Maggie’s Plan
⋆⋆⋆ out of four stars
Rated: R for language and brief sexuality.
Theater: Edina.


The writing was never a problem in Rebecca Miller’s movies, but it has taken a while for her to become a director. Her earlier films, such as “The Ballad of Jack and Rose,” had many good scenes, but they didn’t cohere with any accumulated impact. She’s a genuine director now, not just a writer who directs. Her achievement in “Maggie’s Plan” has many aspects to it, but they boil down to two — how smooth and easy it all is and how messy and wrong it might have been. At the center of it all is Greta Gerwig. Her character, Maggie, has given up on the idea of finding a lifelong partner, but she knows she wants a baby. She also knows the sperm donor she wants — a mathematician turned pickle entrepreneur (Travis Fimmel). Even as she is planning that, she is trying to fix the life of a professor who aspires to be a novelist. John (Ethan Hawke) is a married man, with a high-powered academic (Julianne Moore) for a wife, and Maggie becomes his chief reader and cheerleader. While the characters onscreen keep insisting that some things can’t be planned, the movie seems to be arguing something else — that making a grand design for your life is possible, but only if you’re able to face what you want and accept the consequences.

Mick LaSalle, San Francisco Chronicle


⋆⋆½ out of four stars
Rated: R for language and brief graphic nudity.
Theater: Lagoon.


With most Irish films shot in English, the Emerald Isle hasn’t had many opportunities to compete in best foreign language film Academy Award. There have been only four submissions, to be precise, with two in Irish, one in Serbo-Croatian and the latest, “Viva,” shot entirely in Spanish. Shot in Cuba, an island of a very different sort, and set in Havana’s slums, the film is the story of Jesus (Héctor Medina), an impoverished young hairdresser who wants to be a successful drag queen. Soon, however, Jesus’ estranged father (Jorge Perugorría), an embittered, alcoholic ex-boxer, shows up, moving in with Jesus and making demands. At this point, the film becomes less about the dashed dreams of a would-be drag performer than the repair of a badly damaged relationship. “Viva” — Jesus’ stage name, which comes from the Spanish verb “to live” — is, like its hero, a small, slender thing. But it is also, like Jesus, defiantly alive.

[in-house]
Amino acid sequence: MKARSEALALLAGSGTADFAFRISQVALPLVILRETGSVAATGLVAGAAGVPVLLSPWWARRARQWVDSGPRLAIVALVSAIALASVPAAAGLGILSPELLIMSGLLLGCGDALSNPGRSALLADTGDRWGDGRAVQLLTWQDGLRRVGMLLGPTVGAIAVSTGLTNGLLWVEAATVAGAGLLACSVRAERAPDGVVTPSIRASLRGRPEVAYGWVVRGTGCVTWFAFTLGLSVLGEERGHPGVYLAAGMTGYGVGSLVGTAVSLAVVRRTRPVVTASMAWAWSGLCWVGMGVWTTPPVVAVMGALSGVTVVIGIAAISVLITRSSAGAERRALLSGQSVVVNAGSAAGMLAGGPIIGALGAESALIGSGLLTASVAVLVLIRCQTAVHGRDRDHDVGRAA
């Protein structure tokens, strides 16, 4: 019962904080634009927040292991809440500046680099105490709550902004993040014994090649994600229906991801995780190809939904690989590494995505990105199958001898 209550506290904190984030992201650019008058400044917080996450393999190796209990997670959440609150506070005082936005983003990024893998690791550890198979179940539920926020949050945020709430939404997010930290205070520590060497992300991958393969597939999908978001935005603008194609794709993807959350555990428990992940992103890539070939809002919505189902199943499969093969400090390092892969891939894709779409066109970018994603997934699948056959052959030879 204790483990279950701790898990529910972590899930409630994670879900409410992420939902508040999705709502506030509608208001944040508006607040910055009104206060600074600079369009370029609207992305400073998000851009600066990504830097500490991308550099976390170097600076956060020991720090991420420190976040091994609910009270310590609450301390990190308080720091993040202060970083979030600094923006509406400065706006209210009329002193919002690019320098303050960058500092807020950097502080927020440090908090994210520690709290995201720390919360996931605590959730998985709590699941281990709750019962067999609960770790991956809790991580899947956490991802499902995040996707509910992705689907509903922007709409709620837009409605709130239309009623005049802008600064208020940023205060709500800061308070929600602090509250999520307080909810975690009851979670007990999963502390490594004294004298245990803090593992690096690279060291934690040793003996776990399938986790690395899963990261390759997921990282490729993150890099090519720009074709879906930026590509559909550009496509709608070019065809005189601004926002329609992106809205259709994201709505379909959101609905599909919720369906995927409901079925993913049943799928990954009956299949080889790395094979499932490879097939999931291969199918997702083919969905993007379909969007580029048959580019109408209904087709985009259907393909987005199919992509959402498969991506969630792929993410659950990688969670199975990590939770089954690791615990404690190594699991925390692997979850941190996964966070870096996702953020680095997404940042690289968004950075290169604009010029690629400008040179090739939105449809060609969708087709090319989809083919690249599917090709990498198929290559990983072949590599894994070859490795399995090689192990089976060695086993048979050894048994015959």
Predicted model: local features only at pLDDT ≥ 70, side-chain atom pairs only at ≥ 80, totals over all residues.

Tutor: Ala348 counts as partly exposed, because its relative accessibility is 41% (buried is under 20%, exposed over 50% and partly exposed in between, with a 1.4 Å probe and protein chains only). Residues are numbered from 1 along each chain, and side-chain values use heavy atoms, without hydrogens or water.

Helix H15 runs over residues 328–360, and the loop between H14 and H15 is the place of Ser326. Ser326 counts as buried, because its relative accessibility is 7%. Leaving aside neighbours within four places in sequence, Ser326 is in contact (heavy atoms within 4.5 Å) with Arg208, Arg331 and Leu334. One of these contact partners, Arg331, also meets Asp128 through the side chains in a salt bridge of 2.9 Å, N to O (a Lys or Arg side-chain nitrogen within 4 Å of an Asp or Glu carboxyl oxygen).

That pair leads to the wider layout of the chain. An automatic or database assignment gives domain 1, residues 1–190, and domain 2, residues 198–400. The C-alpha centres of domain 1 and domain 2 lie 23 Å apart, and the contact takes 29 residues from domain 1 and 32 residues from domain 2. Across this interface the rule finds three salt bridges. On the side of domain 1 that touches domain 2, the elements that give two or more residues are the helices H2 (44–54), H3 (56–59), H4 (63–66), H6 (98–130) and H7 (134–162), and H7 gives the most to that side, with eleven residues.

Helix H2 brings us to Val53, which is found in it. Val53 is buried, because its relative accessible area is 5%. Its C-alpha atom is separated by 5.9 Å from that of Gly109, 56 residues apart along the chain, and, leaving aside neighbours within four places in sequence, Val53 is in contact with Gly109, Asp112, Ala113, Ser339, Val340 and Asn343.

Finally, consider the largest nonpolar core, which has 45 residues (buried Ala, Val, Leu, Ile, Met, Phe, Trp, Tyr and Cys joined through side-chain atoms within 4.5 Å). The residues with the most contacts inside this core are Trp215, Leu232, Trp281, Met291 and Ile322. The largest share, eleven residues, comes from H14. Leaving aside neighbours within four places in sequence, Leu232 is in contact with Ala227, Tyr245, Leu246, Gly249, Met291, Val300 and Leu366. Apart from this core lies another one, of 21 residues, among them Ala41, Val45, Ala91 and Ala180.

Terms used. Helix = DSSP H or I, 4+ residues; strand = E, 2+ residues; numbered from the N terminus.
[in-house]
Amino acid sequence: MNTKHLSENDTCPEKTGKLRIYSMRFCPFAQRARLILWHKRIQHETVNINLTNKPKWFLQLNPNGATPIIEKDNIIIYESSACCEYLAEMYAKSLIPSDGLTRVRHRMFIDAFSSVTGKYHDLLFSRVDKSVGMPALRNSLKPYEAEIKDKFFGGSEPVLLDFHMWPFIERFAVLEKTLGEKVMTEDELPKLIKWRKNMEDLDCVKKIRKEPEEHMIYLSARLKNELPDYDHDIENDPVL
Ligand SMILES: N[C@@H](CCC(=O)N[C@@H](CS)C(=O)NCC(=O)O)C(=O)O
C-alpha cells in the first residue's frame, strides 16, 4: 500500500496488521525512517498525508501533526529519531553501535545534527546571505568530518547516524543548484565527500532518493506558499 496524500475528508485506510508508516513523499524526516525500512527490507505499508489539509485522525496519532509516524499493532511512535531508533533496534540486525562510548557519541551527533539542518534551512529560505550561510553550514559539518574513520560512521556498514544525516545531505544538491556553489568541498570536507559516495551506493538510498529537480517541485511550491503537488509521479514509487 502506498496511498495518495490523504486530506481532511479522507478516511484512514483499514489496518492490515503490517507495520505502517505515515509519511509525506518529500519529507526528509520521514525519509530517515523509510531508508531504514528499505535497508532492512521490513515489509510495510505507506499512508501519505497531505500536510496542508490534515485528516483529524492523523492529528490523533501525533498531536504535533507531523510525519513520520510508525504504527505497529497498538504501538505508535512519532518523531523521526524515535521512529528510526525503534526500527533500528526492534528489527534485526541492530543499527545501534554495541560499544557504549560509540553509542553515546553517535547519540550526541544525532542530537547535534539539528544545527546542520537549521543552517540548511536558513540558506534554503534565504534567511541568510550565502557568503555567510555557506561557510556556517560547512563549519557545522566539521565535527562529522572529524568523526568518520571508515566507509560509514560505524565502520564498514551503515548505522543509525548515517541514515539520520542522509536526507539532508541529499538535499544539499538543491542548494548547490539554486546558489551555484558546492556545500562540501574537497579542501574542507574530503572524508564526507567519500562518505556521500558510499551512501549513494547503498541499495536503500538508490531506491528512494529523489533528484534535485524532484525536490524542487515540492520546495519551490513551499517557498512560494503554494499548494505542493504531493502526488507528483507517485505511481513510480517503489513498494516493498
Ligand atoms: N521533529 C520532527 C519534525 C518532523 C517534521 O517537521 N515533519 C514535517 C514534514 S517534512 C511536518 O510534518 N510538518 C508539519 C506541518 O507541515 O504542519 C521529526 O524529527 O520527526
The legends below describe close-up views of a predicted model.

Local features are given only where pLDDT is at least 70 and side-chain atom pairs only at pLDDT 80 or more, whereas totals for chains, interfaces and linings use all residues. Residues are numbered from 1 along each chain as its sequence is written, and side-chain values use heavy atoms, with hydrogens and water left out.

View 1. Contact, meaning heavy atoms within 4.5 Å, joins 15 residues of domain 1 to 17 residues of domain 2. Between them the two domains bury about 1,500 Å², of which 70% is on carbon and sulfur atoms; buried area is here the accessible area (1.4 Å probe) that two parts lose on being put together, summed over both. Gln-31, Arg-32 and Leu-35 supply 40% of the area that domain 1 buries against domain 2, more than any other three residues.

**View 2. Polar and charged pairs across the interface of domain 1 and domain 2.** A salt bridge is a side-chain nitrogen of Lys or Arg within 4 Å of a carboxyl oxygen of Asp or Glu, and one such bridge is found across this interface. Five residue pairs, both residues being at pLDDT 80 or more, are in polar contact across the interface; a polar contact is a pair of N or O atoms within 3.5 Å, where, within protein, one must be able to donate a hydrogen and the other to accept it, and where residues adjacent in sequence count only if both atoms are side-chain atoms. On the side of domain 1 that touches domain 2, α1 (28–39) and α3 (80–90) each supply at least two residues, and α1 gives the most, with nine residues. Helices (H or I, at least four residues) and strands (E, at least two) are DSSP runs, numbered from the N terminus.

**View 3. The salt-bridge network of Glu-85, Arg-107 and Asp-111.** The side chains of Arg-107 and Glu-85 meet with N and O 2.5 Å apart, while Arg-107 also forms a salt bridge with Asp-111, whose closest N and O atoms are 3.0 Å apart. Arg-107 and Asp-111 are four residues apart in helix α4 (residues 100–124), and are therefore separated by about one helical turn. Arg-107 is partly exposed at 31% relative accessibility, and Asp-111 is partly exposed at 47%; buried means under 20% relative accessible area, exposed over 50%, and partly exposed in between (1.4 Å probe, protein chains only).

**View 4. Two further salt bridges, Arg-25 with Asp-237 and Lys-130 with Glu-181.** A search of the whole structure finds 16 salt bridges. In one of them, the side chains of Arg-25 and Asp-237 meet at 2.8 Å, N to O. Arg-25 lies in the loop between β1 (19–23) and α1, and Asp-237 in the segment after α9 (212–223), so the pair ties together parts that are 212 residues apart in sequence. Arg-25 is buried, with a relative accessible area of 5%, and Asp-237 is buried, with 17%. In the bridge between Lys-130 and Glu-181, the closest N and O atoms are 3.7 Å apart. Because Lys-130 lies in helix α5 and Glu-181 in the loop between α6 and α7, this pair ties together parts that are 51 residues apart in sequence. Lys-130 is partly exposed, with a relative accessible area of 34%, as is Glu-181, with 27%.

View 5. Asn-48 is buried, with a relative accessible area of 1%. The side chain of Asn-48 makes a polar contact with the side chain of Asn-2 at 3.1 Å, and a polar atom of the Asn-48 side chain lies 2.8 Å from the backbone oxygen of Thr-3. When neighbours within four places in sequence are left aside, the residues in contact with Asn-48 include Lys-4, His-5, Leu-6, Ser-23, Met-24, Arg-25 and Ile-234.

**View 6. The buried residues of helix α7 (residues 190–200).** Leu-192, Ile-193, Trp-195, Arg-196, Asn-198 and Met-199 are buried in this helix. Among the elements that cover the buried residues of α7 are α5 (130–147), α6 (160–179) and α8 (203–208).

Michael O’Sullivan, Washington Post


Teenage Mutant Ninja Turtles: Out of the Shadows
⋆½ out of four stars
Rated: PG-13 for sci-fi action violence.


If you were born in the early ’80s, the best part of “Teenage Mutant Ninja Turtles: Out of the Shadows” comes when the end credits morph into the bright cartoon style of the TV show we knew and loved. That’s when you finally recognize the beloved and bizarre turtles that somehow signify childhood. The preceding hour and 50 minutes constitute a loud, befuddling jumble of computer graphics and familiar character names crammed into a story that’s overly busy but also too simple.

This time around, the brothers Leonardo (Pete Ploszek), Donatello (Jeremy Howard), Raphael (Alan Ritchson) and Michaelangelo (Noel Fisher) are struggling with the lack of recognition they get for keeping the streets safe from supervillains. They’d like to come out of the shadows, though they know how unappealing they are to most humans.

But when Shredder (Brian Tee) conspires with the evil Krang (Brad Garrett) to open up a space portal for world domination, turtles gotta go to work. They’re aided by a scrappy journalist (Megan Fox) and a corrections officer gone rogue (Stephen Amell).

The dynamic among the brothers and their struggle over their desire to be “normal” are the most heartfelt and resonant elements of the film, but ultimately, any sass, sentiment and personality are obliterated in the noisy chaos of the climax. It’s more cacophonous than cinematic, and loses the charm of the cartoon in an avalanche of computer-generated violence.

KATIE WALSH, Tribune News Service